Brian Costello, New York Post: How has (James) Robinson come along?

He’s coming along good. We’ll see today and tomorrow with regards to where he is from a comfort level and the offense, and we’ll make a decision.


Zack Rosenblatt, The Athletic: (Taylor) Embree was saying yesterday that earlier this week Michael Carter took over a film session because Embree had to go home and tend to his kid. Have you ever had a second-year player who’s like taken on such a leadership role like how Michael has? I mean I can’t imagine that’s common.

No, he’s been great. Michael (Carter)’s been great, because it’s not easy. You go into the offseason, you’re expecting to be the lead guy, and then you see another guy come into the room as a drafted young man in Breece (Hall) and you see kind of a split happening, but he is a very, very important piece to this offense and a big reason why we’re going to have success for years to come, his character, his off the field, the way he does things, the way he studies, the work he puts in, and his thoughtfulness in everything he does is why we love him, and then on top of it, he’s a pretty damn good football player too. Really pumped for him just to be able to have the confidence to do that and congrats to Taylor and his wife too to have the baby.


Connor Hughes, SNY: He doesn’t have the “C”, but did you guys look at him as a captain in Michael Carter?

Yeah, we got our three captains every week, we give it to someone else for game day. We nominate a four captain as voted by the coaches and we see him in that light. We also have a leadership council representative from each position group, and he represents the running backs, so he’s viewed as a leader on this football team.


Antwan Staley, New York Daily News: Before you drafted him, did you have an idea that he was going to be like a natural leader the way that he is?

Yeah, all part of the character studies we do and just trying to see where they are and how they fit in. He split carries with (Javonte) Williams, who’s also a really good running back at North Carolina and so you kind of knew he was selfless in that regard and just talking to him through the pre-draft evaluation and talking to his coaches and teammates, you knew you were getting a guy of high character.


Brian Costello, New York Post: Robert when we asked about (George) Fant on Monday, you said he’s back in the building. That kind of triggered something, did he have a procedure or anything?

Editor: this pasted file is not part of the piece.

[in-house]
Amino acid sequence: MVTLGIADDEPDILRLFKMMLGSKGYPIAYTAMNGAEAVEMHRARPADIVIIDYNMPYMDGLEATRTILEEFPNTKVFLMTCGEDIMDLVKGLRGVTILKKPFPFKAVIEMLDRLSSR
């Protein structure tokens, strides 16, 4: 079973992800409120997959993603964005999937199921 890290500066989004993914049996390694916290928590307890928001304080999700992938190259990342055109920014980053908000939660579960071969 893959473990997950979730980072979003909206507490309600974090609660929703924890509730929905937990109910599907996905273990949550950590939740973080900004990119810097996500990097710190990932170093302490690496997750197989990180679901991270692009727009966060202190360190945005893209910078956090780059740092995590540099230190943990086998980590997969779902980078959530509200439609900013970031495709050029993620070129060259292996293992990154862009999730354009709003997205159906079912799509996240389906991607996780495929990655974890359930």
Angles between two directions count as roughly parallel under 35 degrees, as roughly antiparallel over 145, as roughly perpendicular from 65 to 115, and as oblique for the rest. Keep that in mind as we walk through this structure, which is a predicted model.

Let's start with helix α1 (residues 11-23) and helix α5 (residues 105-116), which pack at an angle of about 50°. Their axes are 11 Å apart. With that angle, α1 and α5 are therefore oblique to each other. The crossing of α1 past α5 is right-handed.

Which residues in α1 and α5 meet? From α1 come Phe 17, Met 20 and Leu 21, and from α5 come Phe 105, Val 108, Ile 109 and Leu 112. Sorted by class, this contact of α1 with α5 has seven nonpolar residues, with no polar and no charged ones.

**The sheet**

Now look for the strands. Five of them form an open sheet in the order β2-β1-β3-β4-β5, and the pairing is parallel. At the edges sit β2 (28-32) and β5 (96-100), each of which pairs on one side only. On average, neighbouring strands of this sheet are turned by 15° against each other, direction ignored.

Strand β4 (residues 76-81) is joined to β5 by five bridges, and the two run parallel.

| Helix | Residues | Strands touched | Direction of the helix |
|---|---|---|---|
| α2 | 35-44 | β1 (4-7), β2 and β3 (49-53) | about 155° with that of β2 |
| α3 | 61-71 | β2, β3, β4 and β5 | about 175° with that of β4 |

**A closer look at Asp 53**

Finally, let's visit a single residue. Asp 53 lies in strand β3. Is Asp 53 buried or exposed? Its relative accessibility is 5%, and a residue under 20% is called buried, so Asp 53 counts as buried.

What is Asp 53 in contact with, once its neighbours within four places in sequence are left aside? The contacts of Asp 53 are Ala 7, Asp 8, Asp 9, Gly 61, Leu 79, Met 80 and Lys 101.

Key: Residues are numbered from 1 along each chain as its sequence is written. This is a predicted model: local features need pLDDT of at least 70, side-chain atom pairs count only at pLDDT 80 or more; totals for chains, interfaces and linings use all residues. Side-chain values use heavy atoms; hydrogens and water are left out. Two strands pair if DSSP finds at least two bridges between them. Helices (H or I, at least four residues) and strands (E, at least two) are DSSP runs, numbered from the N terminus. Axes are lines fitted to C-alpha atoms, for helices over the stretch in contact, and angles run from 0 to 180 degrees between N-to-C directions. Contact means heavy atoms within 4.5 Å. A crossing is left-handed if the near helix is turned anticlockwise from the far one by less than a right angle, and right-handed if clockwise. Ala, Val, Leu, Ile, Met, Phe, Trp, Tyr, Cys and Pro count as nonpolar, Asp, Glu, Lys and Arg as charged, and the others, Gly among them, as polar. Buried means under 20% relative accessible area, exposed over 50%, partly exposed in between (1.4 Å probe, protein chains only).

No, it’s new, I guess it’s a new common place in the NFL now where guys, if they go on IR they go do some treatment somewhere else and then come back. So, it was more therapy and treatment than anything.


Brian Costello, New York Post: (follow up) So, how far out do you think he is from returning to practice?

We’re taking it week-to-week. We’ll see next week, and then hopefully after the bye week.

Brian Costello, New York Post: When you’re talking about the Patriots defense, and how they’ve coached it for so long. They’ve gone through some turnover on offense, with Josh (McDaniels) gone, obviously they changed quarterbacks a few years ago. What differences do you see offensively from them now?

I feel like schematically it’s very similar, obviously they call the game differently, and they’re doing a great job with it. I know from a yards per play standpoint, explosive plays all those different things. Handling the different quarterbacks with the injury to Mac (Jones) and the lack of continuity in that regard, so there’s similarities, but you can tell that they put their flavor onto it.


Brian Costello, New York Post: Do they run as many gadget plays as Josh (McDaniels)?

Yeah, that’s still part of what they do. Fully expecting all of it.


Jeane Coakley, SNY: Your shirt?

Oh, yeah, so we’re recognizing Todd Romano, Caldwell High School. Actually, the rival of our team president, so took a little bit to get this one through, much respect for West Essex though. Caldwell has gone 23 wins in a row, it’s the longest current streak in Jersey, had a big win last week. (Todd) graduated from that high school in 2001, where he was a linebacker and running back, and it’s their first playoff game tonight, so good luck to you all.


Jeane Coakley, SNY: Are you excited about being home finally?

Yeah, you know I mentioned it earlier, to the fans, fireworks are going to go off an hour before kickoff, that is a sign to you guys to pack it up and get in the stadium, and let’s see if we can get this thing loud. Heard that over 30% of the fans missed the Sauce Gardner safety at our last home game, let’s see if we can get it to where there is 100% viewage, if we make a play.